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Paid Family Leave: Is New York Leading the Way?

February 25, 2019

In a speech unveiling his agenda for New York in 2019, Governor Cuomo lauded the state’s paid family leave benefit as the best in the country. Indeed, one year into its implementation, the New York Paid Family Leave Insurance Act has put the opportunity—to take paid time out of work to care for a loved one—within reach for thousands of workers, including many direct care workers employed by home care agencies, nursing homes and other residential facilities, and private clients.

At a time when the topic of paid family leave has moved into the national spotlight, the unique facets of New York’s plan offer a model for how other states can extend this essential protection to workers, including those who can least afford to go without it.

Extending Paid Leave to Paid Caregivers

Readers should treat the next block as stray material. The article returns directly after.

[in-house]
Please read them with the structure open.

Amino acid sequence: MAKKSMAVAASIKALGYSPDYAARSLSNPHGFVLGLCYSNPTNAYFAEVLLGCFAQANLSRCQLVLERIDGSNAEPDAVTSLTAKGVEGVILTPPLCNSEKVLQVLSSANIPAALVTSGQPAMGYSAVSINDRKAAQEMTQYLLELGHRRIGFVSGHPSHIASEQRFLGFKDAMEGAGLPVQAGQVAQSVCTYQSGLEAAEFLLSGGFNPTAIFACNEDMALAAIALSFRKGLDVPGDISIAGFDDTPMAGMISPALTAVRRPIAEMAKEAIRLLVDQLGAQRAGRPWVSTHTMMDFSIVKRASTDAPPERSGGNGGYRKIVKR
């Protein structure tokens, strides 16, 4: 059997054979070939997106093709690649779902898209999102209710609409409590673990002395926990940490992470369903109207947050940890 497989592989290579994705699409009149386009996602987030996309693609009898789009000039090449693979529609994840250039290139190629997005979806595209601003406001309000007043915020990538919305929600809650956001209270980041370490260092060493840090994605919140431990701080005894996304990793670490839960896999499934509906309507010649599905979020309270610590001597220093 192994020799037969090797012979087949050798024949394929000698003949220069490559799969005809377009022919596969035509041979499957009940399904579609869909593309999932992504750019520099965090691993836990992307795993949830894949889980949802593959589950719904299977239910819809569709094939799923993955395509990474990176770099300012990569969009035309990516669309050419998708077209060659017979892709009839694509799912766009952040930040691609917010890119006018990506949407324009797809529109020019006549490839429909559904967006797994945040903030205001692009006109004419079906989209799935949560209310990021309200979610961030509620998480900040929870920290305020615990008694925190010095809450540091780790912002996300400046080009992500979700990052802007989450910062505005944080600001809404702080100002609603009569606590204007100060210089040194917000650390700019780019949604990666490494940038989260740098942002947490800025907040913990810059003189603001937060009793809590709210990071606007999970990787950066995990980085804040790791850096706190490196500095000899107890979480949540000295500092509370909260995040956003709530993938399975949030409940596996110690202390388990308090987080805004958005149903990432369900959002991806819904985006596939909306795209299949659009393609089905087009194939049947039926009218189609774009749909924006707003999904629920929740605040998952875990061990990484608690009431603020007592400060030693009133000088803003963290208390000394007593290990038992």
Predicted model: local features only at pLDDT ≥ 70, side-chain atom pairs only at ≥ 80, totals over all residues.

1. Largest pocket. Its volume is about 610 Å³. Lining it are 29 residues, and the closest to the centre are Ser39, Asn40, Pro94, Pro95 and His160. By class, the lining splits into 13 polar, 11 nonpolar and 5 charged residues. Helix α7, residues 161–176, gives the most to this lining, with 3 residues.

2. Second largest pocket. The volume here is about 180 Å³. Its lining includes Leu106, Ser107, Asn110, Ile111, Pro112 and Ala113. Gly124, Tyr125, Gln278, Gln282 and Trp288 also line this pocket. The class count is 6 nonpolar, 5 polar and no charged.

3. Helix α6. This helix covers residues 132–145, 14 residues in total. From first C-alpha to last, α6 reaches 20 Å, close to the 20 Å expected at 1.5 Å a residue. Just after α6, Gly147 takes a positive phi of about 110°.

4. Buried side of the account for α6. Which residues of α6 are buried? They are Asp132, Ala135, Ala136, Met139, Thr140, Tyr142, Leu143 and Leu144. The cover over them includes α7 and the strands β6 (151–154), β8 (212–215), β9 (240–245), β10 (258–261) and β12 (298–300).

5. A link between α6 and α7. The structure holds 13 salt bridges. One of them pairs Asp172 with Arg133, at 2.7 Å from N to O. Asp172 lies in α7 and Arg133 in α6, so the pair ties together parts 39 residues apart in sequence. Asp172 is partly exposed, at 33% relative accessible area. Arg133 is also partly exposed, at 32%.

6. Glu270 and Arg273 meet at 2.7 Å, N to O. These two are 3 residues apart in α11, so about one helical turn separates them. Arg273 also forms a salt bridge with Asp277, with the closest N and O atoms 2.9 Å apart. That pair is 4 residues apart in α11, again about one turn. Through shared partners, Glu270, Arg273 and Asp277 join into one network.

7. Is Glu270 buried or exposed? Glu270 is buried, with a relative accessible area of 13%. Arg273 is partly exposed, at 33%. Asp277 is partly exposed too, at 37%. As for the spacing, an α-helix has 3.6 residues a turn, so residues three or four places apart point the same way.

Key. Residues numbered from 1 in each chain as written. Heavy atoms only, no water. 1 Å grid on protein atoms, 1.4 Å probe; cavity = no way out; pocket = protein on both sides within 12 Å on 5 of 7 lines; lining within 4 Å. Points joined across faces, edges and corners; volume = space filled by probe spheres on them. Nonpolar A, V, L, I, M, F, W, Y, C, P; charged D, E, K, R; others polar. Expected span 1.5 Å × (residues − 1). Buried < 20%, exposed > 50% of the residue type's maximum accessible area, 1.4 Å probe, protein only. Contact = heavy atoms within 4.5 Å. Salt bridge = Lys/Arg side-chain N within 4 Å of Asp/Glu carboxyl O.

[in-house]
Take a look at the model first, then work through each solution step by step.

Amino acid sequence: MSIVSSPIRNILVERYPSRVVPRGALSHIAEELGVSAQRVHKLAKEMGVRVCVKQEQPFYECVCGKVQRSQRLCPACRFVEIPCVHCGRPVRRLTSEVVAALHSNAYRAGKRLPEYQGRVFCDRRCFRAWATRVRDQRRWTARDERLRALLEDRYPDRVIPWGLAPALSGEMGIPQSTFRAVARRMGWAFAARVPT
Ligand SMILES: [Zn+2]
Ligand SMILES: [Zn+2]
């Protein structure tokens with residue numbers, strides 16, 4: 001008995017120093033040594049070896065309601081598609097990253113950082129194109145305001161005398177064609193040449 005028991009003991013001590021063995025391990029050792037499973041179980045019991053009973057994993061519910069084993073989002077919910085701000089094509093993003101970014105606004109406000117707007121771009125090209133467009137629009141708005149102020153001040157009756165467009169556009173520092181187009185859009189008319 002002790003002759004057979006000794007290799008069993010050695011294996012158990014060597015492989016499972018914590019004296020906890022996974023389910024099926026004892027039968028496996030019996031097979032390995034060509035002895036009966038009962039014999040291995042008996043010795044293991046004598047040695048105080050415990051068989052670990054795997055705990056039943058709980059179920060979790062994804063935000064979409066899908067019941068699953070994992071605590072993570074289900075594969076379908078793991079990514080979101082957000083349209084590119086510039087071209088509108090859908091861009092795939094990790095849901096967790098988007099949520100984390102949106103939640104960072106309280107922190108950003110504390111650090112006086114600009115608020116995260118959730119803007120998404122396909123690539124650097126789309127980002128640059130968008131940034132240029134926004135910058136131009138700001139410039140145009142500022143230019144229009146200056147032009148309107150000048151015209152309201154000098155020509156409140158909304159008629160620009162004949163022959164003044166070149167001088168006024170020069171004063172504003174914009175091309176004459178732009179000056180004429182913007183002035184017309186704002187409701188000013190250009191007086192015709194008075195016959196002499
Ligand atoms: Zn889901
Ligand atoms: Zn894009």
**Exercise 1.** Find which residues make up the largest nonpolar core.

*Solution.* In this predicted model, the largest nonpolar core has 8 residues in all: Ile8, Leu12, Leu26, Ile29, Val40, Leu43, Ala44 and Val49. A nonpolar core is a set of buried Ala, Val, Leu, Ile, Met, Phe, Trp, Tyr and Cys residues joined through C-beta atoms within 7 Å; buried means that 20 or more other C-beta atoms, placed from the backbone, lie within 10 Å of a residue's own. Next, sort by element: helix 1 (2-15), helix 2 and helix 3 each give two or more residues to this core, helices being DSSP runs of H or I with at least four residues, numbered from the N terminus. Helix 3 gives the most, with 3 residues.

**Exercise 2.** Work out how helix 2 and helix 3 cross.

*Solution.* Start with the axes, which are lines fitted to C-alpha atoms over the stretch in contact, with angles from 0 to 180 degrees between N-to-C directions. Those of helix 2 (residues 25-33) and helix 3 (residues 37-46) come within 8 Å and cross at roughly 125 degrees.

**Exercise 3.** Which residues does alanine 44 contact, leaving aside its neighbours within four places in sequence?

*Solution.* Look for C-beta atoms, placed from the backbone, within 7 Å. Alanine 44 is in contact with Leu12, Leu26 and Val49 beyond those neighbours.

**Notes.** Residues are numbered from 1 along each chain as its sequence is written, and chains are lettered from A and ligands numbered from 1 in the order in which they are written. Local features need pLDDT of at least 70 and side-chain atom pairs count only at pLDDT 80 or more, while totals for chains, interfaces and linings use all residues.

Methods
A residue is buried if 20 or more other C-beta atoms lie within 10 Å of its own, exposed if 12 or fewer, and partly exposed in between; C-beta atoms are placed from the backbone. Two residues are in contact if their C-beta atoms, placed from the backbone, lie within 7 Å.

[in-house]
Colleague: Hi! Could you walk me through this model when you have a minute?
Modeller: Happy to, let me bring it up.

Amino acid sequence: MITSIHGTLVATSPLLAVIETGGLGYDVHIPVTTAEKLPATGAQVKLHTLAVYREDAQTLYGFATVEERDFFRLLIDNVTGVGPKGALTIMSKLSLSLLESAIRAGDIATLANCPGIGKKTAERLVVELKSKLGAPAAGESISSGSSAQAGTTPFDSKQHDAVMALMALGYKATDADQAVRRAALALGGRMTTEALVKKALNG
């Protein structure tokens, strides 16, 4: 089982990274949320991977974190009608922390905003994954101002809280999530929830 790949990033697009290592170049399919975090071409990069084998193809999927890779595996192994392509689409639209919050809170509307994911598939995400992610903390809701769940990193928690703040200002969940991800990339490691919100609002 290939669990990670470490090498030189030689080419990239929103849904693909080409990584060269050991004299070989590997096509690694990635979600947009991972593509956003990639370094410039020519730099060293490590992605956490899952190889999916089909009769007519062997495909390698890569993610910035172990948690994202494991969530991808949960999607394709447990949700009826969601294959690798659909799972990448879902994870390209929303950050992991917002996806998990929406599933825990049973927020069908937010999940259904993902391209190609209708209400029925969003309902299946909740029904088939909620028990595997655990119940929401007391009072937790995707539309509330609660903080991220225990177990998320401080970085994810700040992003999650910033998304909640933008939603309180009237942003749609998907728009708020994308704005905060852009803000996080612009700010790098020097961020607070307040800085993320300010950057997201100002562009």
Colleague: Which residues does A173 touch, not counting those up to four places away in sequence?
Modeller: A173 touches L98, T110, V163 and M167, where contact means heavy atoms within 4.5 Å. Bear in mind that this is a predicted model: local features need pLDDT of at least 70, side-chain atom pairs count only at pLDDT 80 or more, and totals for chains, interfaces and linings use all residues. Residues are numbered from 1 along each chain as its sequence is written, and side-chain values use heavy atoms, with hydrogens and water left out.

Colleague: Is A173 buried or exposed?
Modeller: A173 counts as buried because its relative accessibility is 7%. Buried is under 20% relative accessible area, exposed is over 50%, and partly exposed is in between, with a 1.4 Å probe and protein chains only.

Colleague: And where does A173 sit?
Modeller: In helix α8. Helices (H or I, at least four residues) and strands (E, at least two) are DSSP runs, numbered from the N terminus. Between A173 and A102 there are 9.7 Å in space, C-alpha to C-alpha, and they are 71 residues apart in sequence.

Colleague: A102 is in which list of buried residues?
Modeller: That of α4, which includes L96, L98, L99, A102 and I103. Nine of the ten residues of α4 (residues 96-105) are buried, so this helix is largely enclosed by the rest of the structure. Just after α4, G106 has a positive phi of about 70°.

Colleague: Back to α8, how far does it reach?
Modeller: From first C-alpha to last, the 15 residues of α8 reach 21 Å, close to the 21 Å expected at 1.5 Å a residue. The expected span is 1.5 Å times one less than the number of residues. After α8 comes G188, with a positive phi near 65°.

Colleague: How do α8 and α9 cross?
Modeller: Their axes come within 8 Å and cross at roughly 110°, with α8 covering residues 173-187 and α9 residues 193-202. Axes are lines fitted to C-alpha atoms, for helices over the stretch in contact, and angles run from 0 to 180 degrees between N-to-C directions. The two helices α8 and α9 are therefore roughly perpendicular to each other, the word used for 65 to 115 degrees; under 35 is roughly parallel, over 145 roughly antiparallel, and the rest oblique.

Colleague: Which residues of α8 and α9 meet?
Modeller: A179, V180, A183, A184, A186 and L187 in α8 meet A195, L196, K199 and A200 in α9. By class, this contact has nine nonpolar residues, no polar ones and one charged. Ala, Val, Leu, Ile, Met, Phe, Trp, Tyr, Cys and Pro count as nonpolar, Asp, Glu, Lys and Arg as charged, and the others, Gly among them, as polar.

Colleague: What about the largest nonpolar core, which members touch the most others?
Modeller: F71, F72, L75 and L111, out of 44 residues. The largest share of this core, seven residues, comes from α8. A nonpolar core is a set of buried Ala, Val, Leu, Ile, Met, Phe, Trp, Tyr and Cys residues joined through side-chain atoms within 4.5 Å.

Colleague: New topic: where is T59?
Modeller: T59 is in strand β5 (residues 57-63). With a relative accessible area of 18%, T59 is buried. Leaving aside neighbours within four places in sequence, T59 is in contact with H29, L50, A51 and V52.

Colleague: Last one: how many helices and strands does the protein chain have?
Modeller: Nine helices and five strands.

Home care workers and nursing assistants provide critical services to older adults and people with disabilities across the country, allowing them to carry out daily activities and to live safely and with dignity in their homes and communities. However, direct care workers are often unable to take time off work to care for their own families. For many, the prospect of taking an unpaid leave of absence presents significant risks of financial hardship due to lost wages and/or termination from their jobs.

As of 2019, most of New York’s direct care workforce earns the state’s $15 hourly minimum wage and has the option for paid leave insurance coverage through the new state plan. But across the country, the picture looks very different for a majority of direct care workers. Nationwide, home care workers averaged just $11.03/hour and nursing assistants $12.84/hour in 2017—wages that make it nearly impossible to afford unpaid time out of the workforce.